Burrowing into marsupial paleobiology

I can usually get through an entire scientific paper (in English) without having to look up the definition of a word. So when I recently read a paper that had a word in the first sentence I’d never heard of, it caught my attention.

The word in question was crotovine, which is more commonly written in English as crotovina or krotovina, the latter being the original Russian spelling. However you spell it, the term refers to an animal burrow that subsequently fills with sediment. According to this book on soil biology, it was originally used in reference to burrows of marmots (large, terrestrial squirrels of the genus Marmota that we in the Midwest call woodchucks or ground hogs), but it is now used to refer to filled burrows of many vertebrates and invertebrates alike.

The study caught my interest because it was about a crotovina from the east coast of Argentina near the city of Mar del Plata, which is about 400 km south of Buenos Aires. The sea cliffs in this area, particularly near the town of Chapadmalal, are famous for the fossils of mammals and other animals that have been found there, which are between about 5 and 3 million years old (Pliocene). In fact, they are considered the most characteristic fossils of this age and are the basis of what is known as the Chapadmalalan South American Land Mammal Age (SALMA).

The outcrops in the Chapadmalal area have long been known to be filled with the remains of ancient animal burrows in addition to animals themselves. Many of these are relatively small and were probably made by correspondingly small animals, including extinct relatives of tuco-tucos (family Ctenomyidae; the South American equivalents of North American pocket gophers), and small notoungulates of the family Hegetotheriidae (Paedotherium spp.). However, somewhat larger burrows have also been identified and attributed to armadillos and even ground sloths (in slightly younger strata).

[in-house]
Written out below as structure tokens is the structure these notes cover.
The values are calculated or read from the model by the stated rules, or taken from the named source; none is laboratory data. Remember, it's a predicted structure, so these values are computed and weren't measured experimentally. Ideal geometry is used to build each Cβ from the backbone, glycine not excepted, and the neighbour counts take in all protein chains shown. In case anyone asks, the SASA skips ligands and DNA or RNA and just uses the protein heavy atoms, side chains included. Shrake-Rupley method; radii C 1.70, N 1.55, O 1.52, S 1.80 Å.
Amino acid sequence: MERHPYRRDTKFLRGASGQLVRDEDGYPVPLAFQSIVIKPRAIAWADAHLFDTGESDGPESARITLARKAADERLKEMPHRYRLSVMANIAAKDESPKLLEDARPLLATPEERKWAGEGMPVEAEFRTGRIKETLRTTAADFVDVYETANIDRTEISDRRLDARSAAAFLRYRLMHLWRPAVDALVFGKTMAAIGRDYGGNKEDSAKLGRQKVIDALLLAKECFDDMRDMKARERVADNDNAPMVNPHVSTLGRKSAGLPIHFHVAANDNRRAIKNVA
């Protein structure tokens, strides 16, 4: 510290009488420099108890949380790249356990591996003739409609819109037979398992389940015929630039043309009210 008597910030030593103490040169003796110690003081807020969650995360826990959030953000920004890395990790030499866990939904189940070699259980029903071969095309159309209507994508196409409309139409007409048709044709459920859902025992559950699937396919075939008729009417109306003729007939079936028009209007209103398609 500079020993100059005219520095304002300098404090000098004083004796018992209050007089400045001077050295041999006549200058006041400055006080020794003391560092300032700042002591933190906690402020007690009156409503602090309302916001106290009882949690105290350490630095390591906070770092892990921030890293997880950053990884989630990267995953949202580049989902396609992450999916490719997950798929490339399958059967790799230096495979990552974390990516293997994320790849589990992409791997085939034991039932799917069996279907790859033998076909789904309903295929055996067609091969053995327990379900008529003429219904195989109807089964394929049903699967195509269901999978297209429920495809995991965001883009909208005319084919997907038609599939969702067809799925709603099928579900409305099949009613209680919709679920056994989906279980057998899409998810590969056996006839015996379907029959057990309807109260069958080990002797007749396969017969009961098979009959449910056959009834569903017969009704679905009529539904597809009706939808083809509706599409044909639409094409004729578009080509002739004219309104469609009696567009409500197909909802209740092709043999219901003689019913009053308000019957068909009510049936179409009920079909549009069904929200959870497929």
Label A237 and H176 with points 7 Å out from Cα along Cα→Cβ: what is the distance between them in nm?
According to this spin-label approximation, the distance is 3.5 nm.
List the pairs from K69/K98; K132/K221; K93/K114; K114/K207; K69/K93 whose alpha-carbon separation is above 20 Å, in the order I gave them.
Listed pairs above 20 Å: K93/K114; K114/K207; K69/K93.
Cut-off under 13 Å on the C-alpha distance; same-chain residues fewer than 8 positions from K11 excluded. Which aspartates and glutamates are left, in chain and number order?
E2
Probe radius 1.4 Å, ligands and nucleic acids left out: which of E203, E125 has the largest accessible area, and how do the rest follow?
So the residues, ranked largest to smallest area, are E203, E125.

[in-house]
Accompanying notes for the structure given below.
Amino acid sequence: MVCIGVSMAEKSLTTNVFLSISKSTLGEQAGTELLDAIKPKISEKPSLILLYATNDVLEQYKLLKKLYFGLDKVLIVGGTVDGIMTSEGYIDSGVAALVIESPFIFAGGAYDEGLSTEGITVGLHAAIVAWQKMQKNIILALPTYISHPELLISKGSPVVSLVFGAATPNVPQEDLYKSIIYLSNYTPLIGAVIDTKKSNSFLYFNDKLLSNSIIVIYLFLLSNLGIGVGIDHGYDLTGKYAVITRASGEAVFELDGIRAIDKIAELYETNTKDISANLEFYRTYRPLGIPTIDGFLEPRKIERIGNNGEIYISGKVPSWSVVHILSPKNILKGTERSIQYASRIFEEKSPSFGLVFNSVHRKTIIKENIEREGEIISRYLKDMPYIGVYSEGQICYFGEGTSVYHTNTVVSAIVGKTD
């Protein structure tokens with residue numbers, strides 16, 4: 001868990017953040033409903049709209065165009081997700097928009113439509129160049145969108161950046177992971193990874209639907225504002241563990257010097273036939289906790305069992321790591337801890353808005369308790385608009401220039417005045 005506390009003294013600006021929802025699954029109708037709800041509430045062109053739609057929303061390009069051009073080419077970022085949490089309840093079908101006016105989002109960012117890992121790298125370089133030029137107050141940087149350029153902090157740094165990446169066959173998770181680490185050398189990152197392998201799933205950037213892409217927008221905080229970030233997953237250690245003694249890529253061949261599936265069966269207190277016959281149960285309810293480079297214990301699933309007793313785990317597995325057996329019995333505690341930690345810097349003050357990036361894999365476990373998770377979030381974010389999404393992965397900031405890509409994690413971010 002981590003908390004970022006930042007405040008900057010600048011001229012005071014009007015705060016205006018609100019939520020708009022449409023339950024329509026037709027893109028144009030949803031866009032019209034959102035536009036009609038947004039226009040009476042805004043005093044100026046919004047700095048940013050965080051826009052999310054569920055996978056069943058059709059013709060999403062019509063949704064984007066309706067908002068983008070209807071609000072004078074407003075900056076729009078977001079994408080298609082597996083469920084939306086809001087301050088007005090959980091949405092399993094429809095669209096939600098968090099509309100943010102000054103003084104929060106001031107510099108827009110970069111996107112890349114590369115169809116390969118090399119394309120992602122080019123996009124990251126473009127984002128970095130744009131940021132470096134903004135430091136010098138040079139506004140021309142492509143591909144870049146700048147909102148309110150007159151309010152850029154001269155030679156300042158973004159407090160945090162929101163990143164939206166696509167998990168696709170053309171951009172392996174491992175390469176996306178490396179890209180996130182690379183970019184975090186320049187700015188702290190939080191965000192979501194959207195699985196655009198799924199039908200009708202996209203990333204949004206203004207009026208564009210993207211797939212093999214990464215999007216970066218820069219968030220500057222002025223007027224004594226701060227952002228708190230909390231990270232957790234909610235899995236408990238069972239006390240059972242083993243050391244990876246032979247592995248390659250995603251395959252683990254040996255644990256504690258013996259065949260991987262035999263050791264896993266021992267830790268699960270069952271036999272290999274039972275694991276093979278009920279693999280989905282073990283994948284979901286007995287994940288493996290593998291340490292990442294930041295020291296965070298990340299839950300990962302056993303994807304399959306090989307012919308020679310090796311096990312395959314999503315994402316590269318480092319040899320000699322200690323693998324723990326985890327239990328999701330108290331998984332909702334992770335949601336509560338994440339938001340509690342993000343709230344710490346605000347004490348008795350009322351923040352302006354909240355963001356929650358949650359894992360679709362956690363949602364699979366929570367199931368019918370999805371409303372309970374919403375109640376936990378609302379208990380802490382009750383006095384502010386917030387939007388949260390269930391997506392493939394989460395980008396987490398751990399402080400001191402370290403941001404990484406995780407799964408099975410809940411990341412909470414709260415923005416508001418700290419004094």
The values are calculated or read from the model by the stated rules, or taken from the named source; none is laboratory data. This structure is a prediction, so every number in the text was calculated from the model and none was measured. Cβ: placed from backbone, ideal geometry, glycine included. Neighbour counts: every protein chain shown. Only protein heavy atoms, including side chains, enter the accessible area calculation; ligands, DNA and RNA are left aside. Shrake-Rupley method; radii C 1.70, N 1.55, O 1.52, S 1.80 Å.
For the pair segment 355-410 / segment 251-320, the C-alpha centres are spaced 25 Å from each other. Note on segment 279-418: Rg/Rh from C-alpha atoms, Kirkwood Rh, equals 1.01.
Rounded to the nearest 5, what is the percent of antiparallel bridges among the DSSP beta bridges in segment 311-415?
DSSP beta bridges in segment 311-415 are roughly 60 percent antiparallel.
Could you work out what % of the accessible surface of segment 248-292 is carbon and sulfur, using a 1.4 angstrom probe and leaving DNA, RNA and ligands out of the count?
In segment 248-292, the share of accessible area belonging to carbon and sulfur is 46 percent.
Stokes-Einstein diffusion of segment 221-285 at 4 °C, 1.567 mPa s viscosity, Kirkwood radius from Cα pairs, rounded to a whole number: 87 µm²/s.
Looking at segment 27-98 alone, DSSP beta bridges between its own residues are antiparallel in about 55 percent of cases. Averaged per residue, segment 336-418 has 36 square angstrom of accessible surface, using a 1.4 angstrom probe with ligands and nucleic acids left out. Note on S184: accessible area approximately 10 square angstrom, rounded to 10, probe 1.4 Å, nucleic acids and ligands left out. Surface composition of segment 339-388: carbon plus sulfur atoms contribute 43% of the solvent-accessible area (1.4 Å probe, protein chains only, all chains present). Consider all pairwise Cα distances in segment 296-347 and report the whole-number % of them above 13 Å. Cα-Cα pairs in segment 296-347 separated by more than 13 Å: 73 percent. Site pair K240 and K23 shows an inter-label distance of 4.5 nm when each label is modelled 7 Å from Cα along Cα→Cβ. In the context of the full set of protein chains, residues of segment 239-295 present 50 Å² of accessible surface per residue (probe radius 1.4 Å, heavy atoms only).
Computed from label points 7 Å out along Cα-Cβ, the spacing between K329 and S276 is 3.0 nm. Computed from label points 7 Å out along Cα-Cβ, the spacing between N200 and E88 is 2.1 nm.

Diagram of a rather complex crotovina from the sea cliffs between Mar del Plata and Miramar, Argentina, produced by the rodent Actenomys. The diagram on the left shows the gross structure of the crotovina; the one on the right shows the five different types of sediments that filled the ancient burrow, which indicate that it represents ten distinct overlapping tunnels. Diagrams modified from Genise (1989:figs. 2-3).

How does one know which animal dug a particular burrow? Finding remains inside can be an important clue. However, many burrow-dwelling animals simply occupy burrows dug by others, sometimes even living there at the same time. Remains can also wash in from the outside. The size and other characteristics of the burrow can usually be used to narrow down at least its original excavator.

The striking aspect of the crotovina studied by Marcos Cenizo and colleagues is that the remains of a variety of animals were preserved in this ancient burrow rather than just one. These extinct species include relatives of modern opossums (Thylophorops chapadmalensis), armadillos (Ringueletia simpsoni), raccoons (Cyonasua lutaria), viscachas (Lagostomus incisus), tuco-tucos (Actenomys sp.), guinea pigs (Microcavia sp.), and even a Pacman frog (Ceratophrys sp.). Although all of these animals were probably diggers (based on their modern relatives), the burrow in which they were found was most likely excavated by an armadillo, based on the burrow’s relatively large size (nearly 1 meter or 3 feet in greatest diameter). The simplest explanation is that it was produced by Ringueletia simpsoni, the same species whose remains it preserves.